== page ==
431342 Au/Conducting Polymer Volatile Organic Compounds (VOC) Sensors Based on Oxidative Chemical Vapor Deposition (oCVD)

Wednesday, November 11, 2015: 2:30 PM
251B (Salt Palace Convention Center)
Xiaoxue Wang and Karen K. Gleason, Department of Chemical Engineering, Massachusetts Institute of Technology, Cambridge, MA

Au/conducting polymer volatile organic compounds (VOC) sensors based on oxidative chemical vapor deposition (oCVD)

Xiaoxue Wang and Karen K. Gleason
Sponsorship: Shell company

Volatile organic compounds (VOCs) are important hazards in petroleum industry. Hazardous chemicals such as hydrocarbons and alcohols may lead to explosions in refinery1. However, current methods to detect VOCs, such as metal oxide sensors and infrared chemical detectors, require high fabrication temperature, high operation temperature, complicated fabrication methods or high cost. Therefore, it is important for industry to develop an economic and efficient way to detect VOCs. At the same time, incorporating the chemical sensors into wireless sensor network is an emerging trend2. Here, we demonstrate a room temperature gold nanoparticle-conducting polymer composite sensor for the application in wireless sensor network. Conducting polymer poly(3,4-ethylenedioxythiohene-co-3-thipheneacetic acid) (poly(EDOT-co-TAA)) is deposited on printed circuit boards(figure 1 (a)) using oxidative chemical vapor deposition(oCVD)3 technology. Wet chemistry4 was used to covalently tether gold nanoparticles via a linker molecule on the copolymer film(figure 1(b)).  The hybrid film of gold nanoparticles and copolymer film was characterized by scanning electron microscopy (SEM)(figure 1 (c)), UV-vis, FTIR and XPS. The resistive response was defined as (R-R0)/R0 *100%.  We tested the response of these sensors to methanol (figure 1(d)), water, acetone and toluene. The selectivity of methanol over acetone and toluene is demonstrated. With simple fabrication method and low cost, our sensors respond to VOCs with fast and high response. In addition, fabricated under a mild temperature, our sensor is capable to be directly deposited on printed circuit boards for a sensor network. The operating temperature of our sensor is room temperature, which provides safe and energy efficient detection of VOCs.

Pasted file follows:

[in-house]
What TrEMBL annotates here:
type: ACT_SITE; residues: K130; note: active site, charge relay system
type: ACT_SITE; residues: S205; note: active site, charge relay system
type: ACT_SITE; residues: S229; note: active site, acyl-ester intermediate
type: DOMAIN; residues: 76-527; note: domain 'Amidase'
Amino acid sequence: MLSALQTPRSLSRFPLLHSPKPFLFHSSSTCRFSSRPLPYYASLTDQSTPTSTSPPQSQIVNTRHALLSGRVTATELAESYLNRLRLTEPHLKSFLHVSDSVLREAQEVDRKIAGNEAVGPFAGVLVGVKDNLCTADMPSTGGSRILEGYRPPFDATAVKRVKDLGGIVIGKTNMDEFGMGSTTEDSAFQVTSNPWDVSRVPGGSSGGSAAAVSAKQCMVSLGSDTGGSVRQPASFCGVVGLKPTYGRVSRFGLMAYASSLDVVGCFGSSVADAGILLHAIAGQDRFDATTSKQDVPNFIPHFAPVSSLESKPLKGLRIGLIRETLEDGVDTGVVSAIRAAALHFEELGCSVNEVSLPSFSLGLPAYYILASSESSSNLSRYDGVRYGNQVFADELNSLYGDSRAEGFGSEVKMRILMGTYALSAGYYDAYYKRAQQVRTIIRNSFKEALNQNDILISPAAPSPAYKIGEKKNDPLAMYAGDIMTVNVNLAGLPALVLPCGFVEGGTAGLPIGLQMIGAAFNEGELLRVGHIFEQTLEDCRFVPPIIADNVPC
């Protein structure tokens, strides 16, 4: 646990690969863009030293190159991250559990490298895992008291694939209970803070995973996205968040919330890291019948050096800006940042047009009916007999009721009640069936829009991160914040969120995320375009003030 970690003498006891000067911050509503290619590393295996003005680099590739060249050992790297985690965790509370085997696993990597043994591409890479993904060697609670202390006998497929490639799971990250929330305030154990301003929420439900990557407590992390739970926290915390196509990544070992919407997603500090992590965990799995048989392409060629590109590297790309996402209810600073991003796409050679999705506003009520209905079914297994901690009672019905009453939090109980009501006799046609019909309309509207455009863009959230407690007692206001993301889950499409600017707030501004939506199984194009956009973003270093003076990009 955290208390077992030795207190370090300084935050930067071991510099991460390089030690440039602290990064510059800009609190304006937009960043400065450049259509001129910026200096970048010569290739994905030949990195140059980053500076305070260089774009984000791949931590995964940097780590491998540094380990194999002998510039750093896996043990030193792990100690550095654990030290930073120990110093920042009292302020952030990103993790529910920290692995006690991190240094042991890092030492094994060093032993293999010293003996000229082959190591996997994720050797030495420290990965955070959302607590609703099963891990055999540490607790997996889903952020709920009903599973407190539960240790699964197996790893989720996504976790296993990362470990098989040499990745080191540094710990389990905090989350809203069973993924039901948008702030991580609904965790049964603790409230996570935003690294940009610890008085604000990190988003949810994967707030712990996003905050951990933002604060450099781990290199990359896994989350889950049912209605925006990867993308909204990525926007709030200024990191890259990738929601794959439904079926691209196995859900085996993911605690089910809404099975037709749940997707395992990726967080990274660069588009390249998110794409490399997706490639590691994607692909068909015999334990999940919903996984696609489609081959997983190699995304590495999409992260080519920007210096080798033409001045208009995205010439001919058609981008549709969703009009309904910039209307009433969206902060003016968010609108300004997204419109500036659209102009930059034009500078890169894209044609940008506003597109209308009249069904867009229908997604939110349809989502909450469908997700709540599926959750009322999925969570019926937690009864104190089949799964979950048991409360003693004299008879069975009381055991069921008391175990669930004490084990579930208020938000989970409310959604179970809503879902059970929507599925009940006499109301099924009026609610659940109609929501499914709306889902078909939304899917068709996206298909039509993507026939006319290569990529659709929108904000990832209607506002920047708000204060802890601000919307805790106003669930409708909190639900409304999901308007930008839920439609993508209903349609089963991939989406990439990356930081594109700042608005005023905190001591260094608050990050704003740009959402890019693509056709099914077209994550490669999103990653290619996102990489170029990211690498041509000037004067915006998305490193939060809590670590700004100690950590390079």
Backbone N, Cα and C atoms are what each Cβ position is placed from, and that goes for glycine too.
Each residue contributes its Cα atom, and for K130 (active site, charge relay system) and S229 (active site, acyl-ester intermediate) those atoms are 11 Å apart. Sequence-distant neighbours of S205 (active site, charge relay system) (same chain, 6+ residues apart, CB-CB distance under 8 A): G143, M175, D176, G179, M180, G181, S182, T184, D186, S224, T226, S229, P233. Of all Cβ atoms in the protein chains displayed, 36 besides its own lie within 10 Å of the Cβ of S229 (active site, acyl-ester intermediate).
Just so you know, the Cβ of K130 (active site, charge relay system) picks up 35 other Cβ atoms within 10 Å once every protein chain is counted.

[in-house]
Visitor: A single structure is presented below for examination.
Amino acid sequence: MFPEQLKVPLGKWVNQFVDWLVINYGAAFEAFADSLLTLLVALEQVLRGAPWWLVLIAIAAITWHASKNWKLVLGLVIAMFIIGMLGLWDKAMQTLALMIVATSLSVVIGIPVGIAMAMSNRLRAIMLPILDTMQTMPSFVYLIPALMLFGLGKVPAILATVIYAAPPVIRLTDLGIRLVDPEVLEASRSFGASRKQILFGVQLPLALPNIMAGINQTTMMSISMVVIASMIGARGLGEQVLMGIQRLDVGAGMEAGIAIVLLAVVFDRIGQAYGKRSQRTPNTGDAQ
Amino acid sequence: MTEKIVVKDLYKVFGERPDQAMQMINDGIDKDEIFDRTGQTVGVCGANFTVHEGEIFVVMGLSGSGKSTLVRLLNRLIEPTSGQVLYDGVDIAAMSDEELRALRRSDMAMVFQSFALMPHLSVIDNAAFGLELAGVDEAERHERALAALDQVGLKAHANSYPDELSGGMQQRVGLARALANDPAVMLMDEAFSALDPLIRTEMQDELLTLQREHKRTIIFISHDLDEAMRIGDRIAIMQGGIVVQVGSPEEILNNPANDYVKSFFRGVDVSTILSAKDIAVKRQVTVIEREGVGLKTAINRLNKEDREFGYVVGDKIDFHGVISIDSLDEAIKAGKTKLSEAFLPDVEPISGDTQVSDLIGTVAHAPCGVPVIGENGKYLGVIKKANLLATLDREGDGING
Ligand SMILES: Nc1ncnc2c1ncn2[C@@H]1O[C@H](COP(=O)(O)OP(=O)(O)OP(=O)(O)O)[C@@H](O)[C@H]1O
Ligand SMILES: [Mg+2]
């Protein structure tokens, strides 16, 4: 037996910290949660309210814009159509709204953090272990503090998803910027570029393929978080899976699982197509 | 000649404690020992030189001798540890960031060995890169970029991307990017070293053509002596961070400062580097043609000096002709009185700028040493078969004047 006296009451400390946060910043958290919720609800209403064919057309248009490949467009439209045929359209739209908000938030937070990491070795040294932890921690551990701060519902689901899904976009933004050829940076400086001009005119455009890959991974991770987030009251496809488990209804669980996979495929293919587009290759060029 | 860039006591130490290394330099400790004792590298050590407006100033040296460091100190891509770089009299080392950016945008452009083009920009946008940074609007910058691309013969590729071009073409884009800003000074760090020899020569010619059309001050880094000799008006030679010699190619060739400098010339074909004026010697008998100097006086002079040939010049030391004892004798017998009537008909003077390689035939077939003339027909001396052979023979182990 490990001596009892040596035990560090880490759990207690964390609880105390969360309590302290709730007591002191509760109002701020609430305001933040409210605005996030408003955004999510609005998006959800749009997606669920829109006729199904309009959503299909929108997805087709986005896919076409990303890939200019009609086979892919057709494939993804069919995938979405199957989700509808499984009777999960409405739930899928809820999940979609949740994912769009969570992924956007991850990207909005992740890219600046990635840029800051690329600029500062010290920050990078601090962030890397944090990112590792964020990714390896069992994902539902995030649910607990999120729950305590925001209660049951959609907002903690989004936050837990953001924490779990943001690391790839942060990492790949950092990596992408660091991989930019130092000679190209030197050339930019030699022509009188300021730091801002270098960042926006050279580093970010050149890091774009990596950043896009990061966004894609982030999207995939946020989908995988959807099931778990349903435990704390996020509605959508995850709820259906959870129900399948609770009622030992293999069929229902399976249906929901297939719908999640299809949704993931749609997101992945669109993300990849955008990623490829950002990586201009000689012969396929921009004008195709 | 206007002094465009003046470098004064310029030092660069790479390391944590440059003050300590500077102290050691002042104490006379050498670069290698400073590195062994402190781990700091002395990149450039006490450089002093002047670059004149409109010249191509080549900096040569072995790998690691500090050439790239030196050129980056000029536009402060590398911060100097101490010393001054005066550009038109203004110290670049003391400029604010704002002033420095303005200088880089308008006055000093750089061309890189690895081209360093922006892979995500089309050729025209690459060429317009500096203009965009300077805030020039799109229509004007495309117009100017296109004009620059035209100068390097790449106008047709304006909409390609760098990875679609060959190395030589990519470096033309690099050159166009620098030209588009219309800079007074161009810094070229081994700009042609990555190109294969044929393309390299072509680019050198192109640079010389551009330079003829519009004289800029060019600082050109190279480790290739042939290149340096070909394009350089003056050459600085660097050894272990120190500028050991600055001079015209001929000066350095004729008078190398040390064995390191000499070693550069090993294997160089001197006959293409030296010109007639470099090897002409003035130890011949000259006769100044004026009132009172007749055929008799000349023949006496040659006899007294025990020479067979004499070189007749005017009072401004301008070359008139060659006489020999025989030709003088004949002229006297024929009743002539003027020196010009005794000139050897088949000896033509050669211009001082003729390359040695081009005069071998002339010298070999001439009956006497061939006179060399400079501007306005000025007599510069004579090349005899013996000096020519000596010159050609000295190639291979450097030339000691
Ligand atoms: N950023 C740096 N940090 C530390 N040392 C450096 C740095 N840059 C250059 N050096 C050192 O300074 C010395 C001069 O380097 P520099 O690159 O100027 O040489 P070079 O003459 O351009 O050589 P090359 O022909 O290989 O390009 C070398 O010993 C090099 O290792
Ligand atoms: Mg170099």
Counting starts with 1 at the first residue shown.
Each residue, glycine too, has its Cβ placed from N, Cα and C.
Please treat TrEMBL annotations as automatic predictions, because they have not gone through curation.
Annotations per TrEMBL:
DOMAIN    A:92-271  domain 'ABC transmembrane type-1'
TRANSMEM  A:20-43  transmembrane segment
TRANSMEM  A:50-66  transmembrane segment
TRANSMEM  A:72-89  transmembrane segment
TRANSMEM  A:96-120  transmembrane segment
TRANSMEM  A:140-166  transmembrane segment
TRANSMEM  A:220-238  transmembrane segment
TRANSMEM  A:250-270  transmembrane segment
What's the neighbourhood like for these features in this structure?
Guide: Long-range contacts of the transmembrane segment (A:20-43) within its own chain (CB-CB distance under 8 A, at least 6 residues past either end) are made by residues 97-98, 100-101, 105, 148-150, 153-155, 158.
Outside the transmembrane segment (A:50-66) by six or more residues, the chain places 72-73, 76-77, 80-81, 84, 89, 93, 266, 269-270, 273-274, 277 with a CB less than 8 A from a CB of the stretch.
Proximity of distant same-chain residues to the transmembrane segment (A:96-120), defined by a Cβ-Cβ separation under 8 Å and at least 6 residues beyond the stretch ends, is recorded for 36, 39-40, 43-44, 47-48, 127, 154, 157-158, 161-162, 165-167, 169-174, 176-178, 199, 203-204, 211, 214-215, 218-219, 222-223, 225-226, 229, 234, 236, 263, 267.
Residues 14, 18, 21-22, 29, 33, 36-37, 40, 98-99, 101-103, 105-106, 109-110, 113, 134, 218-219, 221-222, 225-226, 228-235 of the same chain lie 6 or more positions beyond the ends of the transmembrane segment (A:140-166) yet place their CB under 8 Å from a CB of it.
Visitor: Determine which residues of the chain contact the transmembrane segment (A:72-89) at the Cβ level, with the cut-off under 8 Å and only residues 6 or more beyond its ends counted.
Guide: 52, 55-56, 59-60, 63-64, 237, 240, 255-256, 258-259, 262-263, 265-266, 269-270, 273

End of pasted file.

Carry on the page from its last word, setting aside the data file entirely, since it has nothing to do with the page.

Figure 1 (a) the printed circuit board used in this sensor; (b) the chemical structure of the conducting copolymer, and the gold nanoparticle covalently linked on the polymer thin film; (c) SEM image for the Au-polymer composite; (4) the resistive response to methanol vapors.



1. Pejcic B., Hadington P. Ross A. Environmental Science&Technology, 2007,VOL. 41, No. 18, 6333-6342

2. Yick, Jennifer, Biswanath Mukherjee, and Dipak Ghosal. Computer networks 52.12 (2008): 2292-2330.

3. M. Barr, K. Gleason, et al. Advanced Material, 2011, 23, 3500.

4. Vaddiraju, Sreeram, and Karen K. Gleason. Nanotechnology 21.12 (2010): 125503.


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See more of this Session: Conjugated Polymers
See more of this Group/Topical: Materials Engineering and Sciences Division